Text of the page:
The Royal Swedish Academy of Sciences has decided to award the Nobel Prize in Physics for 2015 to Takaaki Kajita (Super-Kamiokande Collaboration, University of Tokyo, Kashiwa, Japan) and Arthur B. McDonald (Sudbury Neutrino Observatory Collaboration, Queen’s University, Kingston, Canada)
for the discovery of neutrino oscillations, which shows that neutrinos have mass.
The Nobel Prize in Physics 2015 recognises these scientists for their key contributions to the experiments that demonstrated that neutrinos change identities. This metamorphosis requires that neutrinos have mass. The discovery has changed our understanding of the innermost workings of matter and can prove crucial to our view of the universe.
Around the turn of the millennium, Takaaki Kajita presented the discovery that neutrinos from the atmosphere switch between two identities on their way to the Super-Kamiokande detector in Japan.
Meanwhile, the research group in Canada led by Arthur B. McDonald could demonstrate that the neutrinos from the Sun were not disappearing on their way to Earth. Instead they were captured with a different identity when arriving to the Sudbury Neutrino Observatory.
A neutrino puzzle that physicists had wrestled with for decades had been resolved. Compared to theoretical calculations of the number of neutrinos, up to two-thirds of the neutrinos were missing in measurements performed on Earth. Now, the two experiments discovered that the neutrinos had changed identities.
The discovery led to the far-reaching conclusion that neutrinos, which for a long time were considered massless, must have some mass, however small.
For particle physics this was a historic discovery. Its standard model of the innermost workings of matter had been incredibly successful, having resisted all experimental challenges for more than 20 years. However, as it requires neutrinos to be massless, the new observations had clearly showed that the standard model cannot be the complete theory of the fundamental constituents of the universe.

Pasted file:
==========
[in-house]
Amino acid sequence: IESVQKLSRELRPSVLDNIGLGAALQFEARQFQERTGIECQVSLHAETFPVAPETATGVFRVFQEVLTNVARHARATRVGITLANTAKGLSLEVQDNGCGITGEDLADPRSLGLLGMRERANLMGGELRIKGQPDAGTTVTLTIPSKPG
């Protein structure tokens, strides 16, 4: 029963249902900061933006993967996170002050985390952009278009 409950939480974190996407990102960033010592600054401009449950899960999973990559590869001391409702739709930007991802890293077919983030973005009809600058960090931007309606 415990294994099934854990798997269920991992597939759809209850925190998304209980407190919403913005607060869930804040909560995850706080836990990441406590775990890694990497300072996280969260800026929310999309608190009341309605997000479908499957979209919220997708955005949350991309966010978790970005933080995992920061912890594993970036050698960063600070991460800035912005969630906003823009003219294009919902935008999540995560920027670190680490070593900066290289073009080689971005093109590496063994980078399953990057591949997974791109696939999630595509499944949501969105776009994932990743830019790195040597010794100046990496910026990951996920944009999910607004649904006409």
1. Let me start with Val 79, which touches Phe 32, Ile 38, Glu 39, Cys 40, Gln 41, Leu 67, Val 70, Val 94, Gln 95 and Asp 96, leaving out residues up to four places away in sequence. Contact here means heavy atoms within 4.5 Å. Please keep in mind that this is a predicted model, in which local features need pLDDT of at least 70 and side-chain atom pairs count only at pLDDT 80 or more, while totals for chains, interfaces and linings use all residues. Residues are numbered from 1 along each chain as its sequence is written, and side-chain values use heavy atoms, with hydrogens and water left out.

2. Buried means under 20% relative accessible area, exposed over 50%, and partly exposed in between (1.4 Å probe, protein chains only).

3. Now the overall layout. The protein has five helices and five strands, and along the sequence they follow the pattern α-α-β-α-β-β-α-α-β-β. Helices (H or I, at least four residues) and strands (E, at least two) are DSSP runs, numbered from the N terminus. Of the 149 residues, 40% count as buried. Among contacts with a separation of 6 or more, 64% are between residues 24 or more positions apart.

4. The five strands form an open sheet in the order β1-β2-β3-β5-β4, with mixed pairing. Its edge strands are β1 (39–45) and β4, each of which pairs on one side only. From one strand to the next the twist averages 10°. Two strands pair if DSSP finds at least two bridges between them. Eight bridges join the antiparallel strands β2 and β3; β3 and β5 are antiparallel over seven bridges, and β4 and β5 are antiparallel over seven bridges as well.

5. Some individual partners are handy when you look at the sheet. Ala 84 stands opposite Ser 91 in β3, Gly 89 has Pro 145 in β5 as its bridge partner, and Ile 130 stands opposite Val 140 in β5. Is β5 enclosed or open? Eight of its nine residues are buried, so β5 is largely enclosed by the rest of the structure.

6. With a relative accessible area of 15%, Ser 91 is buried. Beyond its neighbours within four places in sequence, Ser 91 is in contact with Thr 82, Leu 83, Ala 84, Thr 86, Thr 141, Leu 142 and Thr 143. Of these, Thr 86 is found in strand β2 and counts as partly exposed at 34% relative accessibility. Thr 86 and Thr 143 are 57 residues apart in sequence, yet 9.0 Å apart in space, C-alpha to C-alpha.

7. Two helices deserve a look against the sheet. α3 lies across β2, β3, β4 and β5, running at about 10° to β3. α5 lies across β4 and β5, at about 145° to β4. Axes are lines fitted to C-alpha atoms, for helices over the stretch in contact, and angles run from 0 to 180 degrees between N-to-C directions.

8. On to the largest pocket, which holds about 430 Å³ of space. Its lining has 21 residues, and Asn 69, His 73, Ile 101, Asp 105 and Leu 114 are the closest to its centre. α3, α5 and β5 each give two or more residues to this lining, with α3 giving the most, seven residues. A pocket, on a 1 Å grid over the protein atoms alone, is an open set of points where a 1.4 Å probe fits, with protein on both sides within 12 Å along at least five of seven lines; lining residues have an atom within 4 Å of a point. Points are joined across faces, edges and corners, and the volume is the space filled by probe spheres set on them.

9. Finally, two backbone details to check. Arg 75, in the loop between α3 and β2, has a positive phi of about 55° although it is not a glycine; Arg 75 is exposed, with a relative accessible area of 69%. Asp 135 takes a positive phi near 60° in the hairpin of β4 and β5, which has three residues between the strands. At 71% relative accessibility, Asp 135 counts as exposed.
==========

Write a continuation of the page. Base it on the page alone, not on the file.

The discovery rewarded with this year’s Nobel Prize in Physics has yielded crucial insights into the all but hidden world of neutrinos. After photons, the particles of light, neutrinos are the most numerous in the entire cosmos. The Earth is constantly bombarded by them.
Many neutrinos are created in reactions between cosmic radiation and the Earth’s atmosphere. Others are produced in nuclear reactions inside the Sun. Thousands of billions of neutrinos are streaming through our bodies each second. Hardly anything can stop them passing; neutrinos are nature’s most elusive elementary particles.
The experiments continue and intense activity is underway worldwide in order to capture neutrinos and examine their properties. New discoveries about their deepest secrets are expected to change our current understanding of the history, structure and future fate of the universe.
The Nobel Assembly at Karolinska Institutet has decided to award the 2015 Nobel Prize in Physiology or Medicine with one half jointly to William C. Campbell and Satoshi Õmura
for their discoveries concerning a novel therapy against infections caused by roundworm parasites